In her own words: When I first moved to Mouraria I was struck by the generosity and spirit of the eldery living here. I imagined their images printed onto the old walls of their homes. Many were born here and it feels, at least to me, that it is their spirit that makes this place. It is as if they are part of the walls themselves.
Being a proud owner of a twin lens reflex camera, it's so inspiring to discover Vivian Maier, street photographer and nanny. An almost anonymous photographer from Chicago (from the 50's to the 90's) that walked the streets capturing almost everything she saw with her twin lens cameras. Simply amazing.
What makes these cameras so interesting is that, aside from using medium format film, the camera hangs from the neck so the viewpoint is now near the belly button altering the normal eye level photos.
I have a theory about children's books: they're not really for children! It's just an excuse for grown-ups to have fun with illustrations and sweet stories. I now find myself spending twice as much time in the children's section of bookstores than in the art section.
This is my latest acquisition Meia Bola, from Edições Eterogémeas. It caught my eye due to it's cardboard cover and artistic stamping. It starts off with a phrase that I am becoming more familiar with: "Good morning madame, may I take your picture?"
Last night I put together this statement pin from a magazine cut out and one of my favorite morning phrases. I honestly wish I was an early bird, but from many years of experience, I now can assure myself I am not. And, I am at peace with this!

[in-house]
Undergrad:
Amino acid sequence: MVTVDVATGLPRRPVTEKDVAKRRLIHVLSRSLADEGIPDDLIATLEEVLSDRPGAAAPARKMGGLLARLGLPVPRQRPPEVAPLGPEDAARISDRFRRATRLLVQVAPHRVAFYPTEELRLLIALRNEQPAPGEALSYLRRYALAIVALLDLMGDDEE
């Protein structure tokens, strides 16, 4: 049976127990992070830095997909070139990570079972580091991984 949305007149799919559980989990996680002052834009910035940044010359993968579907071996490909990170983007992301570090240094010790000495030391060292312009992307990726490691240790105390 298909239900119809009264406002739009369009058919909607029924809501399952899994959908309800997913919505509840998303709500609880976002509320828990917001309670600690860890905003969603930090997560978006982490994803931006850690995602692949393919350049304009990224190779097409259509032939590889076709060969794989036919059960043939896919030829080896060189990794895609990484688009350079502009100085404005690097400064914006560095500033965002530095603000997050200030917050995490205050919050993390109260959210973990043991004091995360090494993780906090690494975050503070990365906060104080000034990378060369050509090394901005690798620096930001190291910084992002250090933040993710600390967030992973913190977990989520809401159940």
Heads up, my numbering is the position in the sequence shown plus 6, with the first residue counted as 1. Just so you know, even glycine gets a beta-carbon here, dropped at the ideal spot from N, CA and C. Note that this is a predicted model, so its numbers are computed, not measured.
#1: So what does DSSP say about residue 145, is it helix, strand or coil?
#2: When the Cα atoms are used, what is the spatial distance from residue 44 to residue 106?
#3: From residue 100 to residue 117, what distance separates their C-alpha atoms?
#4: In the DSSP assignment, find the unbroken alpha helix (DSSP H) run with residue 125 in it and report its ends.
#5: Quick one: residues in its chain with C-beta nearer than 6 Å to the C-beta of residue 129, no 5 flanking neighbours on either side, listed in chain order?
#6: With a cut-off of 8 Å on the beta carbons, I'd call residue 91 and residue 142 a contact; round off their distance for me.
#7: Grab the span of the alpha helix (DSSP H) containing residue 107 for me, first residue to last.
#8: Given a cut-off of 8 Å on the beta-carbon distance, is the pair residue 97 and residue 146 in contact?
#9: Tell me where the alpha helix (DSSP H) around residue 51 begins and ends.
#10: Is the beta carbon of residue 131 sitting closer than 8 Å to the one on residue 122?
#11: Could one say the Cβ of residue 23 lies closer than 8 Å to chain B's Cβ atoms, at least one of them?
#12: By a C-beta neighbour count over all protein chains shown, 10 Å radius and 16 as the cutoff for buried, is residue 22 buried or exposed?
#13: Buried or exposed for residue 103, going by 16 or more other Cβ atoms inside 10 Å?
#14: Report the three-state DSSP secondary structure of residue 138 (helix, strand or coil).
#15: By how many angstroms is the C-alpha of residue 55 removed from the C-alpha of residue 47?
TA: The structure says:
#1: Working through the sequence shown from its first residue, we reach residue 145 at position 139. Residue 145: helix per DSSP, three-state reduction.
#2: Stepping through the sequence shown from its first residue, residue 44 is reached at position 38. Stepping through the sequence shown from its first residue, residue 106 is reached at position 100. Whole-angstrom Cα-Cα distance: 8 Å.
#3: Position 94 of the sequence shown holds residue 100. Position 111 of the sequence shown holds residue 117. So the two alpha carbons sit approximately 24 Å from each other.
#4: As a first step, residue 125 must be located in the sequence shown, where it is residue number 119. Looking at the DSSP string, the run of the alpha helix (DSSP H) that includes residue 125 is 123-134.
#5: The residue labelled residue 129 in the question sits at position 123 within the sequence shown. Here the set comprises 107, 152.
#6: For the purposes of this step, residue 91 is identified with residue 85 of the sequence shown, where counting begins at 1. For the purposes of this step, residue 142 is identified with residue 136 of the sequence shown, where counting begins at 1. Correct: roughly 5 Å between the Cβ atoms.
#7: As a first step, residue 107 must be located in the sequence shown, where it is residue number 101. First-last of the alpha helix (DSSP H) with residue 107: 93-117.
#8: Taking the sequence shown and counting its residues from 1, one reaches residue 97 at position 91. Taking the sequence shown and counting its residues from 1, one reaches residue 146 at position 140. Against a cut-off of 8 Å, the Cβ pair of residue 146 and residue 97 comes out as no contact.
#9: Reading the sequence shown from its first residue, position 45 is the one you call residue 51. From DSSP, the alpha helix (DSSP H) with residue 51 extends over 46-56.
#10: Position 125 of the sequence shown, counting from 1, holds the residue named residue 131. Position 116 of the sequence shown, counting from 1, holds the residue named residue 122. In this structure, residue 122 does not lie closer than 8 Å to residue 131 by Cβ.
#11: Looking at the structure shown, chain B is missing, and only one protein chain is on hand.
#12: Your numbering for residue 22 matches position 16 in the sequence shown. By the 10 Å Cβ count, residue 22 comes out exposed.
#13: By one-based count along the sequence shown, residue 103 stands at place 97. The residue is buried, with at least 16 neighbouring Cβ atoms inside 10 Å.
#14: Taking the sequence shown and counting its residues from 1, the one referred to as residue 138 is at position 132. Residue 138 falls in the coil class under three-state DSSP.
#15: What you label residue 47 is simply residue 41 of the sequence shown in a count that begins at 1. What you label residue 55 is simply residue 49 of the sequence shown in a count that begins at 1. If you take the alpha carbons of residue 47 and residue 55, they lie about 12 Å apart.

Knitting is actually very easy and so addictive. My grandmother taught me how to knit during the Christmas holidays. She knitted sweaters for us when we were kids so, my crafty self wanted to learn. She taught me the Portuguese way (thread around the neck) with old metal needles which I thought to be a bit complicated (desculpa avozinha!). With the help of some online videos, I learnt how to do the garter stitch and started my first knitting project: a scarf, a simple and very long rectangle. The thread I bought it at the Retrosaria, (of course!) is a nice and thick undyed wool, great for starters. But I didn't buy needles... so to all you professional knitters out there, I apologize, but instead of proper knitting needles, I adapted 2 chop sticks for this first scarf and they actually work very well.
Whoever would have thought that right in the city center, outside our door step, we would find, on a saturday morning, an almost extinct profession: a knife sharpener. We had him sharpen 3 of our kitchen knives and now they cut like samurai swords!
A new year is always a milestone to think about what you want to accomplish for the coming year.... very cliché... but, nonetheless, very true. Having a list is a great way to set goals and starting the year by checking off a couple of items is an even better boost. So, # 99 on my list was my Christmas present from Pete: an Elioflex, a twin lens reflex camera! I think I don't even have to describe how happy I was after opening the box... But my favorite Christmas gift wasn't any material thing: I was granted 3 wishes for 2011 and I'm hoping they'll all come true.